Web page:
In the course of this blog post I’m going to use the same image – an ITV Schools light-spots caption from the 70s that I recreated in Inkscape. Here’s the original image exported directly from Inkscape as PNG:

Created in Inkscape

The most obvious sign that you are watching something on a bit of old film are the little flecks of dirt that momentarily appear. If the dirt is on the film itself it will appear black. If it was on the negative when the film is printed it will appear white.

Kdenlive comes with a Dust filter that tries to simulate this effect. However, it has a very small database of relatively large pieces of dirt. In total there were just six pieces of dirt, drawn as SVG files, and that limited number led to an unconvincing effect. If I used the filter on a long piece of video I found I began to recognise each piece! There were also no small bits of dirt.

I drew 44 extra pieces of dirt in Inkscape and added them to the Dust filter. I also redrew dust2.svg from the default set. I call this particular piece of dirt “the space invader” as I found it was too large and too distracting!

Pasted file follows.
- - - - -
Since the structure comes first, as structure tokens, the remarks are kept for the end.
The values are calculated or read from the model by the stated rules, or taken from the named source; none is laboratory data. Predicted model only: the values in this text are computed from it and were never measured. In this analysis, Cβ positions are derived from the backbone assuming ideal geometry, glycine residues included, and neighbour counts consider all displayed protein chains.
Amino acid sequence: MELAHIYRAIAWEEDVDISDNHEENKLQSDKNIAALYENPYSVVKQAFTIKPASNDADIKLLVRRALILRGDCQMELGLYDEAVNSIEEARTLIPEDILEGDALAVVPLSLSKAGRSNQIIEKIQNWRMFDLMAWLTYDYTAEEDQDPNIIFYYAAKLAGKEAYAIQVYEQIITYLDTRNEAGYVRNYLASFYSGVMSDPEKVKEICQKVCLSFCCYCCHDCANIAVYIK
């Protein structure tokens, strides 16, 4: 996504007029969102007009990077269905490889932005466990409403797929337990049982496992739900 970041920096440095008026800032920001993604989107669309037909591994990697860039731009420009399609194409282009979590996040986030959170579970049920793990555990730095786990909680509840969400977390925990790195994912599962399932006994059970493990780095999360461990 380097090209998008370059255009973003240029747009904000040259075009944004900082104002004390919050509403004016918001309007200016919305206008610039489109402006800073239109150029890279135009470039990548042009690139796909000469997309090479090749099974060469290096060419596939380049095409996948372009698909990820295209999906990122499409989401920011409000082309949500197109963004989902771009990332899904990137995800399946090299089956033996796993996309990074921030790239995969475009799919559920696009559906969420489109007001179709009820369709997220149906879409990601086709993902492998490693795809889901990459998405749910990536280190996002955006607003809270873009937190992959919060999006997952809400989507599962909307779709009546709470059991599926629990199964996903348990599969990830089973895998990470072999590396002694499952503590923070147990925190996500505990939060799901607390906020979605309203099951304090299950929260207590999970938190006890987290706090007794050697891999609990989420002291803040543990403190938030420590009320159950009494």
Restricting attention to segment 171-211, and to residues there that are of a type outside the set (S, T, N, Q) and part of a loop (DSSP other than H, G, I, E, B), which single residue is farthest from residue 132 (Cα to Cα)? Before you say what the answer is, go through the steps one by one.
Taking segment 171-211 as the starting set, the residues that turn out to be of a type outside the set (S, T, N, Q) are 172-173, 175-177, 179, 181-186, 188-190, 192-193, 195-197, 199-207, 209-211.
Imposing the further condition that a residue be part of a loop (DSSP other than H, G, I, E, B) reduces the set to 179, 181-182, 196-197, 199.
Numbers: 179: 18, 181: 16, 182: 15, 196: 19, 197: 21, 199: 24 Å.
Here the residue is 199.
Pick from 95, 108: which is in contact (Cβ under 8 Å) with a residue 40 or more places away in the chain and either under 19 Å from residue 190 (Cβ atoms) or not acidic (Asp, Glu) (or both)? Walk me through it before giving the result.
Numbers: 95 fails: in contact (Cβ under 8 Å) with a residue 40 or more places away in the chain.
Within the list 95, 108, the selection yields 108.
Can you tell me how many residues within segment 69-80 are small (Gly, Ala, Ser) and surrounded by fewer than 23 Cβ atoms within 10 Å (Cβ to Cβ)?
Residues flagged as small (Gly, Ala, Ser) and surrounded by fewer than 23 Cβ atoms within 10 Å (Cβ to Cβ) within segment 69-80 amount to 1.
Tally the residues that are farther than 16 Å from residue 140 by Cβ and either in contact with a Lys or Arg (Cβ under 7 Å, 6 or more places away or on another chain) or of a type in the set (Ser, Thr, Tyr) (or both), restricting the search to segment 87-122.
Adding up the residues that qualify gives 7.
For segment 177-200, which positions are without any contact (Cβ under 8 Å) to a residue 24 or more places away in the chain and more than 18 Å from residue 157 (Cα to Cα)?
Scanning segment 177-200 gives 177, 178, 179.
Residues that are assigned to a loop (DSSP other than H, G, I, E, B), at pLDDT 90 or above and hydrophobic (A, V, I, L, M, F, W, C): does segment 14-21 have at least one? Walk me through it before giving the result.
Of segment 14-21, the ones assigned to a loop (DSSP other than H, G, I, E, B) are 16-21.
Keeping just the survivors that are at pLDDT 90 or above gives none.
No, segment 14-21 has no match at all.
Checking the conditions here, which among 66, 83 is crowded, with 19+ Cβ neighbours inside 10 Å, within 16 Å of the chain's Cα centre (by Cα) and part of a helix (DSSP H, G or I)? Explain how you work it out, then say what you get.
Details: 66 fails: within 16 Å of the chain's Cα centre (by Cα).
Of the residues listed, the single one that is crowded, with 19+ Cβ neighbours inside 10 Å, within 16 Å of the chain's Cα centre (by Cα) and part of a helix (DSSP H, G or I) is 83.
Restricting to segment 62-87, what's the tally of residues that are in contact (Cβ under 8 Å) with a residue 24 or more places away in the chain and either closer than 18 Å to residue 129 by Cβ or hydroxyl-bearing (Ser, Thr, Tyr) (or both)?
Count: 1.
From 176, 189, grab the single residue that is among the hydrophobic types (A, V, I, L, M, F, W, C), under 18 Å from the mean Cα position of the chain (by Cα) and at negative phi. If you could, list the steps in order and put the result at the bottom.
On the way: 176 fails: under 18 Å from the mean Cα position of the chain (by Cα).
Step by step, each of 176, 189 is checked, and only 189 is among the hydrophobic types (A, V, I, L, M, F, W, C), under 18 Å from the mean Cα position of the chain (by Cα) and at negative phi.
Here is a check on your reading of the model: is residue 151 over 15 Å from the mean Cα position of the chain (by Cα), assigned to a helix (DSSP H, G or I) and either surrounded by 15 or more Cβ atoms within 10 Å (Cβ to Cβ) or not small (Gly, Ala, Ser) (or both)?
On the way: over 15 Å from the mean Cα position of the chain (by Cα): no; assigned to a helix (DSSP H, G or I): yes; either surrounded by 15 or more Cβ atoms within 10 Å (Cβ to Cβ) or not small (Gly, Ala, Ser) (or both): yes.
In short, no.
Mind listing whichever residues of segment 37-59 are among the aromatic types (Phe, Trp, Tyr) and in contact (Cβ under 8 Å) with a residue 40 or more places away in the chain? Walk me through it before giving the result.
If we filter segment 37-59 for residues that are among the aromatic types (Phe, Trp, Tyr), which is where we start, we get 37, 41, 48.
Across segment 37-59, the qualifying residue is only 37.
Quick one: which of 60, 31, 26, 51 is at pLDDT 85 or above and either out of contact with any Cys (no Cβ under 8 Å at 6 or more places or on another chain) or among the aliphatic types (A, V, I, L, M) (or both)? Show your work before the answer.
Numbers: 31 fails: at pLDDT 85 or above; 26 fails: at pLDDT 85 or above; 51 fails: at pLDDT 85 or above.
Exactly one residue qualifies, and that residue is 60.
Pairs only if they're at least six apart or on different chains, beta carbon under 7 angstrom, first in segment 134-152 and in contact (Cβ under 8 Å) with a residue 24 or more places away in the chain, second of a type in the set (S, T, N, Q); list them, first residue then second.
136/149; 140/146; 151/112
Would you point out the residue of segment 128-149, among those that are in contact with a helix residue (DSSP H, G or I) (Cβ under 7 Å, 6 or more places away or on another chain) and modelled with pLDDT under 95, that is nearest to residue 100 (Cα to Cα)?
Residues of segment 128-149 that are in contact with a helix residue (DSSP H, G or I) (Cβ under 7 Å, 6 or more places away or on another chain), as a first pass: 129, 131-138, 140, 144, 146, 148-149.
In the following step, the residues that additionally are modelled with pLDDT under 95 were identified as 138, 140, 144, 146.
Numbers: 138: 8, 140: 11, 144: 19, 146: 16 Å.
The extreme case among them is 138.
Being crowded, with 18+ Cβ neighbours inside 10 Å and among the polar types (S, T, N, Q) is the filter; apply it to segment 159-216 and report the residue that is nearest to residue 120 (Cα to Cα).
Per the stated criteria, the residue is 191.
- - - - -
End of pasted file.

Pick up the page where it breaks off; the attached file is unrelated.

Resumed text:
The video below compares the Dust filter (with identical settings) before and after I added my extra files:

You may find you prefer the Kdenlive dust filter with just the default six SVG files. However, if you prefer what I have done you can download my extra SVG files from here.

With the modifications I’ve made, I actually prefer the dirt created by the Dust filter in Kdenlive to the dirt you get in the MSU Old Cinema plug in. The dirt from Kdenlive’s filter is less regular in shape and simply by changing the SVG files in the /usr/share/mlt/oldfilm folder I can tailor the dust to any specific application I have in mind.

After flecks of dirt, the second most obvious effect that you are watching old film is a non-uniform shutter causing the picture to appear to flicker very slightly. The MSU Old Cinema plug-in can simulate this effect, but wildly over does it. It is not suitable for anything other than simulating silent movies, so I never used it.